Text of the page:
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Could your fridge and AC become cheaper to buy but more costly to run?

1164564 autosave v1 refrigerator
Katarzyna Białasiewicz
Your home appliances may be getting more intelligent, but they could become less efficient. That is, if the appliance industry successfully lobbies Congress to roll back energy efficiency standards that the industry deems “unrealistic and costly for air conditioners, refrigerators, and other equipment,” as Bloomberg reports. Should these manufacturers meet with sympathetic lawmakers, it could mean a paring back of Reagan-era laws that set minimum efficiency standards for various appliances, which means the possibility of more energy-guzzling, and thereby expensive, home goods.

“We thought they went too far in pushing the efficiency too high and not looking at the economic costs for the consumers,” Stephen Yurek, president of the Air-Conditioning, Heating, and Refrigeration Institute, which represents various AC and heater manufacturers, told Bloomberg. “I think we are going to see a dial back. There is a different philosophy and that is very clear.”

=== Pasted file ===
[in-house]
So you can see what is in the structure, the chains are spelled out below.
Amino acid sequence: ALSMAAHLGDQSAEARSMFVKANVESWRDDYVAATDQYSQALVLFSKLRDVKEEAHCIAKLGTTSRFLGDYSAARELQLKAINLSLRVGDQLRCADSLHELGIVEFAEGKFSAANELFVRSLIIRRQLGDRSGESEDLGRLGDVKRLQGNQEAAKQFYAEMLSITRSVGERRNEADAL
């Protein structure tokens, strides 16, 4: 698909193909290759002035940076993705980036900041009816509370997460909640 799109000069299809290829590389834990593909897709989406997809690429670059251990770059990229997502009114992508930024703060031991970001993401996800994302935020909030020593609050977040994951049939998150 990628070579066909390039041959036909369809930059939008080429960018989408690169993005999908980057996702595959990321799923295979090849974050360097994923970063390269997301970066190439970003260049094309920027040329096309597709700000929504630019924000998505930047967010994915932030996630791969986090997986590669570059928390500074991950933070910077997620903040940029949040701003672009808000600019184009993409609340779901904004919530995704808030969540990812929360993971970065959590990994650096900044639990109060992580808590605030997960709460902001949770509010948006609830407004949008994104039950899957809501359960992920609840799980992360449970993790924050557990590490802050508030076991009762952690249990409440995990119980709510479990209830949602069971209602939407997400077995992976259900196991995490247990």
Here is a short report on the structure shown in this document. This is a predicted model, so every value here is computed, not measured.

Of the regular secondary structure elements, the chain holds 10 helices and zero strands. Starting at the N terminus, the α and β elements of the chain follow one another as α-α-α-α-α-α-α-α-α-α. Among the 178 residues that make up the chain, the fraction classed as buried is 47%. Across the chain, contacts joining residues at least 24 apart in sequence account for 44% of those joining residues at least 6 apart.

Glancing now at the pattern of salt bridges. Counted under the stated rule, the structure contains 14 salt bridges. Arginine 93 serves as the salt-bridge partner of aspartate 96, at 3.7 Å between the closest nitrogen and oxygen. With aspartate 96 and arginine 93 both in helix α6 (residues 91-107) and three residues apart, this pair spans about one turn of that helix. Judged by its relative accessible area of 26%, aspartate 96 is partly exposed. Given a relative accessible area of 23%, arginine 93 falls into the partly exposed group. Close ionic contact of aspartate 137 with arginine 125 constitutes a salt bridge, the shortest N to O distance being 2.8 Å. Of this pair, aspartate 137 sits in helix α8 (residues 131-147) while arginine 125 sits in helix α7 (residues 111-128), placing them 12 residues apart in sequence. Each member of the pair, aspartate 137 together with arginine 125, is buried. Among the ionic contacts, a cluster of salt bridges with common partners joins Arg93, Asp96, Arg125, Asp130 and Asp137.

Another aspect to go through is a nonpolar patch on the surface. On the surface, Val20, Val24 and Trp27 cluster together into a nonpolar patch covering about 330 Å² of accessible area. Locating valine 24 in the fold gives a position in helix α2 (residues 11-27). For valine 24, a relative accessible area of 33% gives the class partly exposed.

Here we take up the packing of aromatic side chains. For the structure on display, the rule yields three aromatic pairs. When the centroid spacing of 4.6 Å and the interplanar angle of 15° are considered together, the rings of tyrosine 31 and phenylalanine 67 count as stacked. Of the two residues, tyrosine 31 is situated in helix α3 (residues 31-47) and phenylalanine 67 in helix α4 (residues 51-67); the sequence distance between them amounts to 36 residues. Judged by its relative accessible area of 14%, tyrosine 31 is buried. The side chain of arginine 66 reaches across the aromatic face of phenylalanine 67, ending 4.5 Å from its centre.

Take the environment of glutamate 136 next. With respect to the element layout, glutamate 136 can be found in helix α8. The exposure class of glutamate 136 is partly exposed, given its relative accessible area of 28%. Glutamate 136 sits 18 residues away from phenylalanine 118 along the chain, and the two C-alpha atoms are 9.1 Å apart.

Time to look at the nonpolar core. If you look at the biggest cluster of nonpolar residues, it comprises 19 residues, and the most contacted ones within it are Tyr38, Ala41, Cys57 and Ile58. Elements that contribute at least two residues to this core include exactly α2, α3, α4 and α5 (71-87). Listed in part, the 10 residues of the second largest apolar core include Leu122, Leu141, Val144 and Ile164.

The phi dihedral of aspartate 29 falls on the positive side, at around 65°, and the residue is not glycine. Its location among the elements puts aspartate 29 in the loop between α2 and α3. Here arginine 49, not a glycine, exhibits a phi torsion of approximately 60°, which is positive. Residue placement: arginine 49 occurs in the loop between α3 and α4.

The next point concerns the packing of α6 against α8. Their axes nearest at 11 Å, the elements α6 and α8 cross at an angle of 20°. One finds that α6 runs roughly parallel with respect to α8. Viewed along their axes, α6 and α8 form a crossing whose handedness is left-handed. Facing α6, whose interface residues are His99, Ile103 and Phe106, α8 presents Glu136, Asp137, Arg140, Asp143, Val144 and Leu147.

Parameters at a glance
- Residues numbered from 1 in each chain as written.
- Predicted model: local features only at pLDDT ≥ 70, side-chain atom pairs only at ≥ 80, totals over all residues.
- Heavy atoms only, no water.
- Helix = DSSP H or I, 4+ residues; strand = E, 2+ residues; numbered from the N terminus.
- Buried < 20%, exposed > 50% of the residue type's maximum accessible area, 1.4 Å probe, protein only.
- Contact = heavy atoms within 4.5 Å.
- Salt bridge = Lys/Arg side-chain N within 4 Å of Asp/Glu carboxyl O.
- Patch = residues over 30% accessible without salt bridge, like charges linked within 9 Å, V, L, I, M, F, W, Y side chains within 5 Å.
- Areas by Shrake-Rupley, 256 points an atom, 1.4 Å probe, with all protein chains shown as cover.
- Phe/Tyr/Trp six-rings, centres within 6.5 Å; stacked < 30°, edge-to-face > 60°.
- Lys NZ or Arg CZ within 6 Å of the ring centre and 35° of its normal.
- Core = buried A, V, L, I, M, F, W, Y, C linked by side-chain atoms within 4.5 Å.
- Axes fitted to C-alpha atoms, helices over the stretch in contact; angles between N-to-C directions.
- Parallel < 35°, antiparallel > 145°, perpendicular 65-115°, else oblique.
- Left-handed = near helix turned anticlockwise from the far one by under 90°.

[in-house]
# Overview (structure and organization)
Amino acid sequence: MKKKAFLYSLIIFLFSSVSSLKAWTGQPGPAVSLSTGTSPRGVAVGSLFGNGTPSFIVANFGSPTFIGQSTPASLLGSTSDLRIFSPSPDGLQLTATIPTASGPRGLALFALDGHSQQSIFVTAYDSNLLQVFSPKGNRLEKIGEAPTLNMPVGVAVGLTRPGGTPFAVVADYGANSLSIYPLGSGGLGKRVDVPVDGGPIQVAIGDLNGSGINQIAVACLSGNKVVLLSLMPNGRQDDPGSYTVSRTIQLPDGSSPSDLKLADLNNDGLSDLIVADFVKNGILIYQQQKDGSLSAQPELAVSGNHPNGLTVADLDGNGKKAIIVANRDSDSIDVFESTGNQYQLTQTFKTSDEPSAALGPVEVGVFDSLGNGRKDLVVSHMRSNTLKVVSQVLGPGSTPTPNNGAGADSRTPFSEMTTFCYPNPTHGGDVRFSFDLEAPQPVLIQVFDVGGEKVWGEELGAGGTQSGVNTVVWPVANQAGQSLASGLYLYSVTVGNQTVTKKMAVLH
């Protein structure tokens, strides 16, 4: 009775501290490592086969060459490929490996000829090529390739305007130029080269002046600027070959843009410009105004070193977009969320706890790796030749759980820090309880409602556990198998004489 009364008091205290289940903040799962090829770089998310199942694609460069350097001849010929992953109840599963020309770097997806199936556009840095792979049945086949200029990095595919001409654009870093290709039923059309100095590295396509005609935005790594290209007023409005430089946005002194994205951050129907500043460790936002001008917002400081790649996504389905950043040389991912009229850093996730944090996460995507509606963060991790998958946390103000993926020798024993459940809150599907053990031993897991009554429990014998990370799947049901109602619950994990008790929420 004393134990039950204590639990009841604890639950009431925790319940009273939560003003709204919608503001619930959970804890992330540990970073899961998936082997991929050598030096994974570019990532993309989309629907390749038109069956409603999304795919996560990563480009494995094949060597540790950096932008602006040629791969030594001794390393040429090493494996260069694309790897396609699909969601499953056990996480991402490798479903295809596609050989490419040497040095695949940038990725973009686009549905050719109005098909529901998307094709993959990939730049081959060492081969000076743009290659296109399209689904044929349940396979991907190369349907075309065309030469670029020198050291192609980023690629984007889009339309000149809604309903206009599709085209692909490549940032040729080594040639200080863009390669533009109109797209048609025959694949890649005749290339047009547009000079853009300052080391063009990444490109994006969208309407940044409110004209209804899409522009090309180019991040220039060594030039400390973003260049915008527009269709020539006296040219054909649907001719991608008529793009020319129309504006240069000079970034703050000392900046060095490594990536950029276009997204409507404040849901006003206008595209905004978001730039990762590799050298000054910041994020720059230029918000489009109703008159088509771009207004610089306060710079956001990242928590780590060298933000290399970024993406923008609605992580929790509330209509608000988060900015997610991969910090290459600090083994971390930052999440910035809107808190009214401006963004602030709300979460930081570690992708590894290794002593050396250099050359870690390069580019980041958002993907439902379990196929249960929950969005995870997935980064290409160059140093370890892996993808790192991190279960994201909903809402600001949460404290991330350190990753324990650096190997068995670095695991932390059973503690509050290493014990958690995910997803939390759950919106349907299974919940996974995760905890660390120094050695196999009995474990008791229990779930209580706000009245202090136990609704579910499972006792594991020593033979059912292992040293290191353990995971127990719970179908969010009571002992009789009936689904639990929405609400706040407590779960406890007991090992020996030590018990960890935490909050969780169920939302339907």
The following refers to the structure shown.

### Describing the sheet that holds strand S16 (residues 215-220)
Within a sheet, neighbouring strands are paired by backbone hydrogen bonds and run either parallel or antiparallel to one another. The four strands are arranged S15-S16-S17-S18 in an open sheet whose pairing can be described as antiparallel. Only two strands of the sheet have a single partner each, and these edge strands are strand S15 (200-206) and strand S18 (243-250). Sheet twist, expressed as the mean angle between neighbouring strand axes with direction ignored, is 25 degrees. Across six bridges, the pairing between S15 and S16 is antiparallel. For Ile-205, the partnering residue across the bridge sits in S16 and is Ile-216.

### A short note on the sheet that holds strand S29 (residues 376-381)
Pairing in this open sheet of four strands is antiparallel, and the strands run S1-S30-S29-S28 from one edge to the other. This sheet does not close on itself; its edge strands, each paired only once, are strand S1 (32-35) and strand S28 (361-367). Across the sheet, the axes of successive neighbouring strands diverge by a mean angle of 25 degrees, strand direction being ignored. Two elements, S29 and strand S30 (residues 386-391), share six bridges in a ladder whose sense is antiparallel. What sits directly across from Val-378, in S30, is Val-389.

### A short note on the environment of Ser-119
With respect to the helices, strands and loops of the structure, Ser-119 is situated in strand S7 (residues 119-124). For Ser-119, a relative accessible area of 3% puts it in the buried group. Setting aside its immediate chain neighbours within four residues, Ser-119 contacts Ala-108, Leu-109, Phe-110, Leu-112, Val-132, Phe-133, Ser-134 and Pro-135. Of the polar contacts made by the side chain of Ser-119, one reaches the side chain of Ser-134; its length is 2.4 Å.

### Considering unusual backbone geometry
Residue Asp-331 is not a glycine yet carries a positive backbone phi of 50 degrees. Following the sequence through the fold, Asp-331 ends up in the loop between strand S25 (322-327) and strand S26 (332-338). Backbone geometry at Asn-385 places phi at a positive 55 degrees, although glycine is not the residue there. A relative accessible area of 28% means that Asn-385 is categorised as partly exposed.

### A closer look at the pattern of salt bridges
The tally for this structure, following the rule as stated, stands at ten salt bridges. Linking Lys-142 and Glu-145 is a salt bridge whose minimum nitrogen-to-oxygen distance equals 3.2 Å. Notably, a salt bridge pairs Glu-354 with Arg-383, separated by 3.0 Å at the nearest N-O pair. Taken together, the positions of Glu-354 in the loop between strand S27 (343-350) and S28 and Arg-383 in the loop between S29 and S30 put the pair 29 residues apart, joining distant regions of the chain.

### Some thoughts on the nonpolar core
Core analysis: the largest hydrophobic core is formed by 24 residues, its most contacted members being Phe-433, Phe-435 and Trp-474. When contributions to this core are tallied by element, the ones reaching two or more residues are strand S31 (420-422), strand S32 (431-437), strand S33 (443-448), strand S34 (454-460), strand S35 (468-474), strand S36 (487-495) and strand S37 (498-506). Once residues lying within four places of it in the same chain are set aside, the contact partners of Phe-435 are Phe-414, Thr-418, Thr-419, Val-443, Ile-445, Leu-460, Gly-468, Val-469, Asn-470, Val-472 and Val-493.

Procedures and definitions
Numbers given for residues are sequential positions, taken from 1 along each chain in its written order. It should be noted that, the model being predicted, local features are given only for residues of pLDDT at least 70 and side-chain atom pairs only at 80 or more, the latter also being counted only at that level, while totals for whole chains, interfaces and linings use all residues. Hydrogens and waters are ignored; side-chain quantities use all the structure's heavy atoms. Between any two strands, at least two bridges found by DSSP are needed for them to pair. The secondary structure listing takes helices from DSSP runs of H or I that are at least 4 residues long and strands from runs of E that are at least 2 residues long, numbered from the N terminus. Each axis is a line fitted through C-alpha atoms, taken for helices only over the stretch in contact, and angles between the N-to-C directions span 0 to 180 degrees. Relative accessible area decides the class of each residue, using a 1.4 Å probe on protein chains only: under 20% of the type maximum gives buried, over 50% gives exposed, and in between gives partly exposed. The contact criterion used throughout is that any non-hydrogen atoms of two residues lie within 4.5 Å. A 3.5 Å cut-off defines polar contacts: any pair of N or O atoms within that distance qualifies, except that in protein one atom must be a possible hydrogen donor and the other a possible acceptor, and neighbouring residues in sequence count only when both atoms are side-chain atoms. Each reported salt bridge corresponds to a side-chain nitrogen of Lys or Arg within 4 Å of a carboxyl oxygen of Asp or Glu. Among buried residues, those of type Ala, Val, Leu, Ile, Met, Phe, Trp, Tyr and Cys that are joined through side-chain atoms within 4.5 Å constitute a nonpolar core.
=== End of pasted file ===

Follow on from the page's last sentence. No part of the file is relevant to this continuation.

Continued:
Indeed, the current administration has dialed back its support of various environmentally friendly initiatives, setting the stage for a potential win for the industry. But environmentalists certainly hope that standards are kept in play, as even saving a little bit of power here and there really adds up when considering the sheer number of households in the U.S. and the number of electric appliances they use every day.

“An average American household spends about $500 less per year on utility bills because of the efficiency gains in our everyday appliances,” said Andrew deLaski, executive director of the Appliance Standards Awareness Project. “Rolling back standards or weakening the law to make it harder to improve standards in the future would lead to more energy waste and hurt consumers.”

However, should appliance manufacturers encourage simplifying energy laws instead of weakening them overall, analysts say they may be onto something. As Kevin Book, managing director of research firm ClearView Energy Partners noted, “It’s hard to imagine loosening an environmental statute at the federal level, but simplification is within the realm of reason.”

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